In the United States of America there had been 29,376,388 confirmed cases with a daily increase of 58,826. There had been 534,484 deaths with a daily increase of 1,513.

Most of Europe was not only experiencing surging case numbers but as bad as any their country had ever seen this past winter.

-Lloyd Marken

ONE YEAR EARLIER: March 19, 2020.

Italy overtook China with the most recorded deaths from COVID with 41,035 confirmed cases and a daily increase of 5,322. The death toll was 3,407 with a daily increase of 429.

In Australia Prime Minister Scott Morrison annonced there all foreign travellers would be banned from entering the country.

Tasmania became the first Australian state to close its borders.

The Ruby Princess crusie ship disembarked 2,700 passengers in Sydney.

COVID-19 DIARY – BRISBANE GOES INTO THREE DAY LOCKDOWN

In pictures: Eerie pictures of Brisbane's empty streets | The Advertiser

January 8

Friday morning I drove into work.

It’s my first fix of news for the day often, sometimes my only until late in the evening.

There was mention of COVID of course but nothing related to my hometown.

I was interested in what was happening Sydney as a friend of mine was hoping to get married there on Valentines Day.

I parked my car, walked the twenty minutes or so up to our offices.

The whole way I walked without a mask.

No one wore masks in Queensland these days.

I walked through the door and plonked my bag on my desk and started work.

I overhead a conversation about a colleague leaving at 3:30pm maybe.

My supervisor came around and asked if I heard that?

It was 8:35am.

He told me we were going into lockdown at 6pm tonight. No one leaving their houses except for medical reasons essential work or food.

I told him there had been nothing on the radio.

I got on the internet, sure enough there was a post on the Australian Broadcasting Corporation website with Queensland Premier Annastacia Palaszczuk announcing the lockdown.

It was 23 minutes old.

The plan was to go ahead with the work day but if staff needed to plan around this development they could.

I called Karen to touch base about groceries. I couldn’t raise her.

I gave it a few minutes and went up to my supervisor and advised I’d like to use my lunch hour now to get some groceries sorted.

I wasn’t just thinking about the daily shop.

I was given permission, I took one of the masks my sister in law had made for me out of my bag and headed for Toowong village.

I texted Karen at 8:46am to call me.

I had no idea if she was out of the loop.

I went to the fruit shop. Already there were more people in the shop than usual. Not everybody knew. Somebody helpfully told a customer looking around perplexed that the lockdown had been announced and she thanked them.

I was not the only one wearing a mask, it seemed almost everyone had one, as if they had been waiting for the signal and now it had been sent.

I dashed over to the chemist and bought some medical masks thinking about people at work who may not have a mask with them and were catching public transport home. I needn’t have worried, it seemed much like myself, everybody had masks ready to put on.

I’d walked up in the early morning with no masks in sight and 30 minutes later stood in Coles surrounded by dozens of people wearing masks of one sort or another.

Many nearby residents stood in Coles having come to do their weekly shop surprised by the long lines and big crowds.

Despite this people seemed polite and helpful to each other, didn’t take too much of any one product and gave each other some space.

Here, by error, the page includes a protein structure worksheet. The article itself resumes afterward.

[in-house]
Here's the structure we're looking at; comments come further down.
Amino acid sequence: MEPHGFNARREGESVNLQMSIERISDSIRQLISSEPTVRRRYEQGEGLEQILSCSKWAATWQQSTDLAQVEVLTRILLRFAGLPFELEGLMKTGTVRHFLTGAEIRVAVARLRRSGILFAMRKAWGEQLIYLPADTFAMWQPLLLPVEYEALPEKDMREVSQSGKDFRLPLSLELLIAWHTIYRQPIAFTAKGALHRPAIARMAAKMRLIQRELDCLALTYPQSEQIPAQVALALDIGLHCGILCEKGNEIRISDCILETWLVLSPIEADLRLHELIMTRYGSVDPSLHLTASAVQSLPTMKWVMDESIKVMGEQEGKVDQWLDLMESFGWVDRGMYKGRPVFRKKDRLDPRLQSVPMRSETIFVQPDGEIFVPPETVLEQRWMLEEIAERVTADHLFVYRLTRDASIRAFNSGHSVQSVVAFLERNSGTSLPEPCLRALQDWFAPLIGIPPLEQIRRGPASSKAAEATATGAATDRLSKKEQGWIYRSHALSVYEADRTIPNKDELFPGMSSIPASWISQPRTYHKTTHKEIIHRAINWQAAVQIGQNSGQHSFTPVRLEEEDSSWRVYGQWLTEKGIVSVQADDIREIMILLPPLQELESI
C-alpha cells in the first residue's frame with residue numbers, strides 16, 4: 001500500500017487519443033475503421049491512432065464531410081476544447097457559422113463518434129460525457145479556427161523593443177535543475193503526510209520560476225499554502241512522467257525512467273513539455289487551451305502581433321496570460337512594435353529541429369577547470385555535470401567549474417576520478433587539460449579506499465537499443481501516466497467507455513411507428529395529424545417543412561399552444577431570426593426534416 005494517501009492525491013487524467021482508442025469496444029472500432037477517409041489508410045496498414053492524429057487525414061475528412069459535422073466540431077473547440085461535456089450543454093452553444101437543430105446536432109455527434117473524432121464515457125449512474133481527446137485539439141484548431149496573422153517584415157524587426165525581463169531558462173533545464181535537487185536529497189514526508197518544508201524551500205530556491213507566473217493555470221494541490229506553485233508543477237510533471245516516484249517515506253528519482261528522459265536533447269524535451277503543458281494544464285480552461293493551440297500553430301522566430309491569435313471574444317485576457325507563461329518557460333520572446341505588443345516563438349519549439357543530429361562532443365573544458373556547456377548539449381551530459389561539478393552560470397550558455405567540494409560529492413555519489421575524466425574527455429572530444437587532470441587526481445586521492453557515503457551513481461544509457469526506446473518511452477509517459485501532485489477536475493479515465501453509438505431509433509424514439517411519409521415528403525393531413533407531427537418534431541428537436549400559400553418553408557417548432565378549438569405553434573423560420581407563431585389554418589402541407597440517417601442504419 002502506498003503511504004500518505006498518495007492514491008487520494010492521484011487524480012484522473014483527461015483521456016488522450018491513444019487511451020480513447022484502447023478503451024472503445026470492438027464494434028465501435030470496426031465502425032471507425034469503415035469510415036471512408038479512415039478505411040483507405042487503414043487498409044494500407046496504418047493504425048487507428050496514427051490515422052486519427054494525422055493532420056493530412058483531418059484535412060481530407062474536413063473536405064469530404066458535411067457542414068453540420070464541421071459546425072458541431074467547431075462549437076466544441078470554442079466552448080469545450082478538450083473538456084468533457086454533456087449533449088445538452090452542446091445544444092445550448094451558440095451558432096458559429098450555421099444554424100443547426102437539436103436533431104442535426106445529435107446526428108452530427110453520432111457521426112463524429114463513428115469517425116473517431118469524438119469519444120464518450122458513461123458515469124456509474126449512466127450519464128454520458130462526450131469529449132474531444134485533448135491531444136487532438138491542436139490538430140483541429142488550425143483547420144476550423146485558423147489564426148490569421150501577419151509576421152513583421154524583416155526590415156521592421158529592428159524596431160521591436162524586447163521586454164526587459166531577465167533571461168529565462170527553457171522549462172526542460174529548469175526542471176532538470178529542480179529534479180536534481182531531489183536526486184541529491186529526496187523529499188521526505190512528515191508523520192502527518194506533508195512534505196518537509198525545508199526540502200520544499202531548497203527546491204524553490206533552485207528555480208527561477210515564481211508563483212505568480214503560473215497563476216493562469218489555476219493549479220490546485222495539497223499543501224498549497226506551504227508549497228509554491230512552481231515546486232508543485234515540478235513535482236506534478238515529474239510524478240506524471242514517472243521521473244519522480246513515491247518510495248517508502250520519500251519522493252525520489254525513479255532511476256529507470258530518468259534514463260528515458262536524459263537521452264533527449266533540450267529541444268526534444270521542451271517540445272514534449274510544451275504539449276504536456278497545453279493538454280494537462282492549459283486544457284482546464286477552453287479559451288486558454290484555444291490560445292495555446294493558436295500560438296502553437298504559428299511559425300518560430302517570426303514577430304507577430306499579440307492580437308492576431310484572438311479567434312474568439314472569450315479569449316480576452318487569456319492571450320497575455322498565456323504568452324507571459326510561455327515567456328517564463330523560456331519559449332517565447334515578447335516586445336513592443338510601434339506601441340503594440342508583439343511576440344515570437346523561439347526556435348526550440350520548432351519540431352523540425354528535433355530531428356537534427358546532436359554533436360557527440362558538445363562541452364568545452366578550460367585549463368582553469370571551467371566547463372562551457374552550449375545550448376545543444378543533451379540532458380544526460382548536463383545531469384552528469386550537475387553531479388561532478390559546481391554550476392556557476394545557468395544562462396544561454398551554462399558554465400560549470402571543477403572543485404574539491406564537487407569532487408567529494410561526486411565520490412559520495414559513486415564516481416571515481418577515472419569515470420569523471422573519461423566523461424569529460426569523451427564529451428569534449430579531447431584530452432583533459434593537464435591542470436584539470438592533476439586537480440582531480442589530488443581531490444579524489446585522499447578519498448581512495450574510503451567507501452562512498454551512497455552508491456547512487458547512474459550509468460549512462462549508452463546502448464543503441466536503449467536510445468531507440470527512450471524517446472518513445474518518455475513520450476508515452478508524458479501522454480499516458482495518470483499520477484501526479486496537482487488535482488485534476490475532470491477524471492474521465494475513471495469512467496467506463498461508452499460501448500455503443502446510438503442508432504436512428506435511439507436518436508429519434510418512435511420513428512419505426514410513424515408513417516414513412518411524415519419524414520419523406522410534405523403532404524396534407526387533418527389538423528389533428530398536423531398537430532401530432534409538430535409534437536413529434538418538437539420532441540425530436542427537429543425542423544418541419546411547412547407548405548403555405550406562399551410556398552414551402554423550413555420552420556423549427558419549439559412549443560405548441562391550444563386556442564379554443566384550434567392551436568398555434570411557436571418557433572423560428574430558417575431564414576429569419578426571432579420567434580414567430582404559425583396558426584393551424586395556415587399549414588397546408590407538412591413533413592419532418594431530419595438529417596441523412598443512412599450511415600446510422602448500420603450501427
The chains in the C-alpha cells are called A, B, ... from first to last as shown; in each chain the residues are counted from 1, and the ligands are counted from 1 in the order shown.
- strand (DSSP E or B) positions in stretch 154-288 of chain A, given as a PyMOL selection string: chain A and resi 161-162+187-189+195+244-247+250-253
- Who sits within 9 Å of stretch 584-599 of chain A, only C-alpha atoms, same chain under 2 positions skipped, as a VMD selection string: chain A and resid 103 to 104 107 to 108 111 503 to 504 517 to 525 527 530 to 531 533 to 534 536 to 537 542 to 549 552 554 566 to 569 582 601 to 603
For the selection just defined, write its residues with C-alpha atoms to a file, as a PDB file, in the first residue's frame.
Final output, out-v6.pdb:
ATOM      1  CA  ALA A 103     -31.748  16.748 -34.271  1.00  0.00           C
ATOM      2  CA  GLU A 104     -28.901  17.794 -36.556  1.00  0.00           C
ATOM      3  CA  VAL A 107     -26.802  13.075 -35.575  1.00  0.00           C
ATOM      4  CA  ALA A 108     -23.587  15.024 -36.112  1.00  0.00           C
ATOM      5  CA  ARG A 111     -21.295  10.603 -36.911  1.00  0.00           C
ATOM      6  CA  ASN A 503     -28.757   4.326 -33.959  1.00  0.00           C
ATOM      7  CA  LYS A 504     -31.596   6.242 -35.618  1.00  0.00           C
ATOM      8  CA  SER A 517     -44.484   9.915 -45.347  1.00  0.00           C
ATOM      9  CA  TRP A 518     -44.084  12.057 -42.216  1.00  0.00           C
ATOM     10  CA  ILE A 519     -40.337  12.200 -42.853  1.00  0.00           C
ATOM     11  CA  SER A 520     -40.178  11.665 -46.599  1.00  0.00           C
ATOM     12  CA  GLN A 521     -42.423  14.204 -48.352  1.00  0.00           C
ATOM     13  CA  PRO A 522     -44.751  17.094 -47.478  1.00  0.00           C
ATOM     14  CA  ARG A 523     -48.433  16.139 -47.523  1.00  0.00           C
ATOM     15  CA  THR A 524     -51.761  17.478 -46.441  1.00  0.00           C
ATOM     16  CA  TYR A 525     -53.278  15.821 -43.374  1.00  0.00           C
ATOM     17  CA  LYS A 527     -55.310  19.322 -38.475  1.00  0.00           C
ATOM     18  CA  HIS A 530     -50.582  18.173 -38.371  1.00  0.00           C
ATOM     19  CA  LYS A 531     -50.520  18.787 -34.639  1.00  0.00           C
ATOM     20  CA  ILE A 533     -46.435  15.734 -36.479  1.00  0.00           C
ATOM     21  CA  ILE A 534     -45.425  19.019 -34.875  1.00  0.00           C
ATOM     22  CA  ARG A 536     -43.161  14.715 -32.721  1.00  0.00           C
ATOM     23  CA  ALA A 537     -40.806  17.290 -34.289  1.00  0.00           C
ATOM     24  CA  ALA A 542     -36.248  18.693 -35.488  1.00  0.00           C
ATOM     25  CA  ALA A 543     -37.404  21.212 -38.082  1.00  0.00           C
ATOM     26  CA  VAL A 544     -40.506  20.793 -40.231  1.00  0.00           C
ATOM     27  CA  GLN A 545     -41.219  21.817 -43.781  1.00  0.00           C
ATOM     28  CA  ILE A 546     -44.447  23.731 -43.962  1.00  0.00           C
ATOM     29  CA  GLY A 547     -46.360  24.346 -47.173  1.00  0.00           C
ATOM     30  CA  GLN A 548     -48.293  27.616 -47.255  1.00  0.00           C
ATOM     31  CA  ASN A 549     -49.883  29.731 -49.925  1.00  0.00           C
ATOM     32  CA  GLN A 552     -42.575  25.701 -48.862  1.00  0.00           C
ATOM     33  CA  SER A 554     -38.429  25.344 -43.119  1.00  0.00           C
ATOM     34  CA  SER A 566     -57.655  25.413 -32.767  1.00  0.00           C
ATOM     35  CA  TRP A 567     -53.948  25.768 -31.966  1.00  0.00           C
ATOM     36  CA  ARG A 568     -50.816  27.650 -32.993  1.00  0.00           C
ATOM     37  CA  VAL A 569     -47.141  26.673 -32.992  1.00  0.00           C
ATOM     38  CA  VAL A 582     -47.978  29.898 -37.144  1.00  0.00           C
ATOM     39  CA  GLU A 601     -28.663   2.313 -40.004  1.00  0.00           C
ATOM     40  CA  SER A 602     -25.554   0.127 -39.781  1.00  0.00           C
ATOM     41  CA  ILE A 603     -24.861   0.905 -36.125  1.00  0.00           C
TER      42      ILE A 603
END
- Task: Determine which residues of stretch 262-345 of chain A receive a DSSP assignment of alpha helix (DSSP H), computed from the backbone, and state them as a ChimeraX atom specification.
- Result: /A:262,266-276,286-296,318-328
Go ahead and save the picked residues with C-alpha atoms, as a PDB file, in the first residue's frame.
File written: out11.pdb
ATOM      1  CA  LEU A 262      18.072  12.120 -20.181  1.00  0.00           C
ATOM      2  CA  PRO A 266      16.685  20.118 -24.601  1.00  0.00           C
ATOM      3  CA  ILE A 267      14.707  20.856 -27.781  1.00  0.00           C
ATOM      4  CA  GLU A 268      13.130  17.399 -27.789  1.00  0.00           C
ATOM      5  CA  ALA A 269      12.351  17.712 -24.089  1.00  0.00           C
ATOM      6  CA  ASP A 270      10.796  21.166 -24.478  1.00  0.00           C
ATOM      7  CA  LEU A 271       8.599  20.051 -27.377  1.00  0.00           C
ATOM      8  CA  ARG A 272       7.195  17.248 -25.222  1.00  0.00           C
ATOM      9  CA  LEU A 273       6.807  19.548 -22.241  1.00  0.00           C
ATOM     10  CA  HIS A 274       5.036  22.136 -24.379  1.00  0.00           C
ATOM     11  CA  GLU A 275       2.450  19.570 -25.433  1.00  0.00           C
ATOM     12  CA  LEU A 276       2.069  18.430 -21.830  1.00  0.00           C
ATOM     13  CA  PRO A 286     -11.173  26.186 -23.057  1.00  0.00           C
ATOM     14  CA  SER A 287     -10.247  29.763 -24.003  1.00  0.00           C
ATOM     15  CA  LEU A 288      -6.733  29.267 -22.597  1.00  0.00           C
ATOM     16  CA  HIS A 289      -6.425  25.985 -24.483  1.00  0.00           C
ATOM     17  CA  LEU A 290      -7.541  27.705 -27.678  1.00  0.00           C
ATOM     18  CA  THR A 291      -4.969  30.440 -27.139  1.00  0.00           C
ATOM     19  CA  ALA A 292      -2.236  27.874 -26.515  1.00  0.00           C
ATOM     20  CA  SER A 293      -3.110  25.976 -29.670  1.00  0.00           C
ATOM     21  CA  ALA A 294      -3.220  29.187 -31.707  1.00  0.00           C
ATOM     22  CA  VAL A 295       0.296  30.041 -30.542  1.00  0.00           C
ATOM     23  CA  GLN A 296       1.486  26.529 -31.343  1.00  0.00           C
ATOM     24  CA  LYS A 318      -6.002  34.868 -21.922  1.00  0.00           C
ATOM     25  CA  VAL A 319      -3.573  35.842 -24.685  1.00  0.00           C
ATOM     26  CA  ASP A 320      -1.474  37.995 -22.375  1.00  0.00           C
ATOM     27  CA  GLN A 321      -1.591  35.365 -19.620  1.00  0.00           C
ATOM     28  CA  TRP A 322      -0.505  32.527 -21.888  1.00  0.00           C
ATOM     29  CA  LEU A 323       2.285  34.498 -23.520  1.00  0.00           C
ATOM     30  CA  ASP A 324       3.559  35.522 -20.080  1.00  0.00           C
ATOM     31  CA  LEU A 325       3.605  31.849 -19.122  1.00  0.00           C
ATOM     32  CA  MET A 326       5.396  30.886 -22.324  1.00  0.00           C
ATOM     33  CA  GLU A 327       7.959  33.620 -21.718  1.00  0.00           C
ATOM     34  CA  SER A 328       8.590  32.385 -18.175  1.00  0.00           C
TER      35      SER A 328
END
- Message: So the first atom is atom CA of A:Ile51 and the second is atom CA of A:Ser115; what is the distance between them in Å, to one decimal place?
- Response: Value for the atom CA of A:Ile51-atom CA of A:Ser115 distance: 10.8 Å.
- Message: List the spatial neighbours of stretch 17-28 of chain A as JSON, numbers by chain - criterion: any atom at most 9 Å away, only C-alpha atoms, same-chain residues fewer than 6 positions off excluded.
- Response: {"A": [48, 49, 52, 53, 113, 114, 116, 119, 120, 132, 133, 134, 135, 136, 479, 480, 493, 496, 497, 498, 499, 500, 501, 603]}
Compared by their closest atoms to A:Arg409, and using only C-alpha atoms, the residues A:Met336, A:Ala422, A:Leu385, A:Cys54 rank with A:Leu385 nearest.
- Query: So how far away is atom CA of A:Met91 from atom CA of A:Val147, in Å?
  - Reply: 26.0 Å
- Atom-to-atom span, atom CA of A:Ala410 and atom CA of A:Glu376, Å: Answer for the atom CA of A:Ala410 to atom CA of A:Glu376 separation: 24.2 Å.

Why I was there?

I wanted to be prepared for worse case scenarios.

I wanted staples on hand if I had to isolate at home for several days.

I was planning for more than what had just been announced.

I got some tinned food, rice, soup, some fruit and not much else. I felt dialed down and calm, just thinking a little ahead and not being greedy or fearful.

Of course that may not be how other people see it and I can understand that too.

My actions were similar to many others across the city as supermarkets were swamped.

I admired the incredible effort of the supermarket staff as they managed this massive influx of people and the need to re-stock.

Didn’t they have people at home they were worried about?

Didn’t they need to buy after their shift was over?

Greater Brisbane enters three-day lockdown amid UK COVID-19 variant concern

It really was quite admirable.

Retail staff have really shouldered some huge burdens during this pandemic with little if any reward.

I had never been in a store so crowded even during Christmas when it is bedlam.

I followed a line that had started at the check-outs and was naturally snaking around in a circle out the front of the store before going down an aisle past the centre. It went all the way down that aisle not long after I joined it.

I was in that aisle for several minutes not knowing what awaited me when I got out of it. Then the line moved fast and split into two. Those going through the self check-outs and the rest of us going old school. I saw a line outside the store several metres long.

The store had reached capacity and was letting people in groups once enough had of us had left. If I had waited until lunch I may have been in such a line and while people weren’t hoarding it just seemed unlikely a lot would be left on the shelves of certain things people at such a time like milk or break or pasta or yes rice or toilet paper. Having never seen the store like this I took some pictures.

I was on my way back to work at 10am when I got in touch with Karen. She was locked out on our balcony with her phone running low. So I got leave to go drive home, open up the balcony door, and drive back to work.

I effectively started working at sometime after 11am but from then on I surprisingly had a productive day.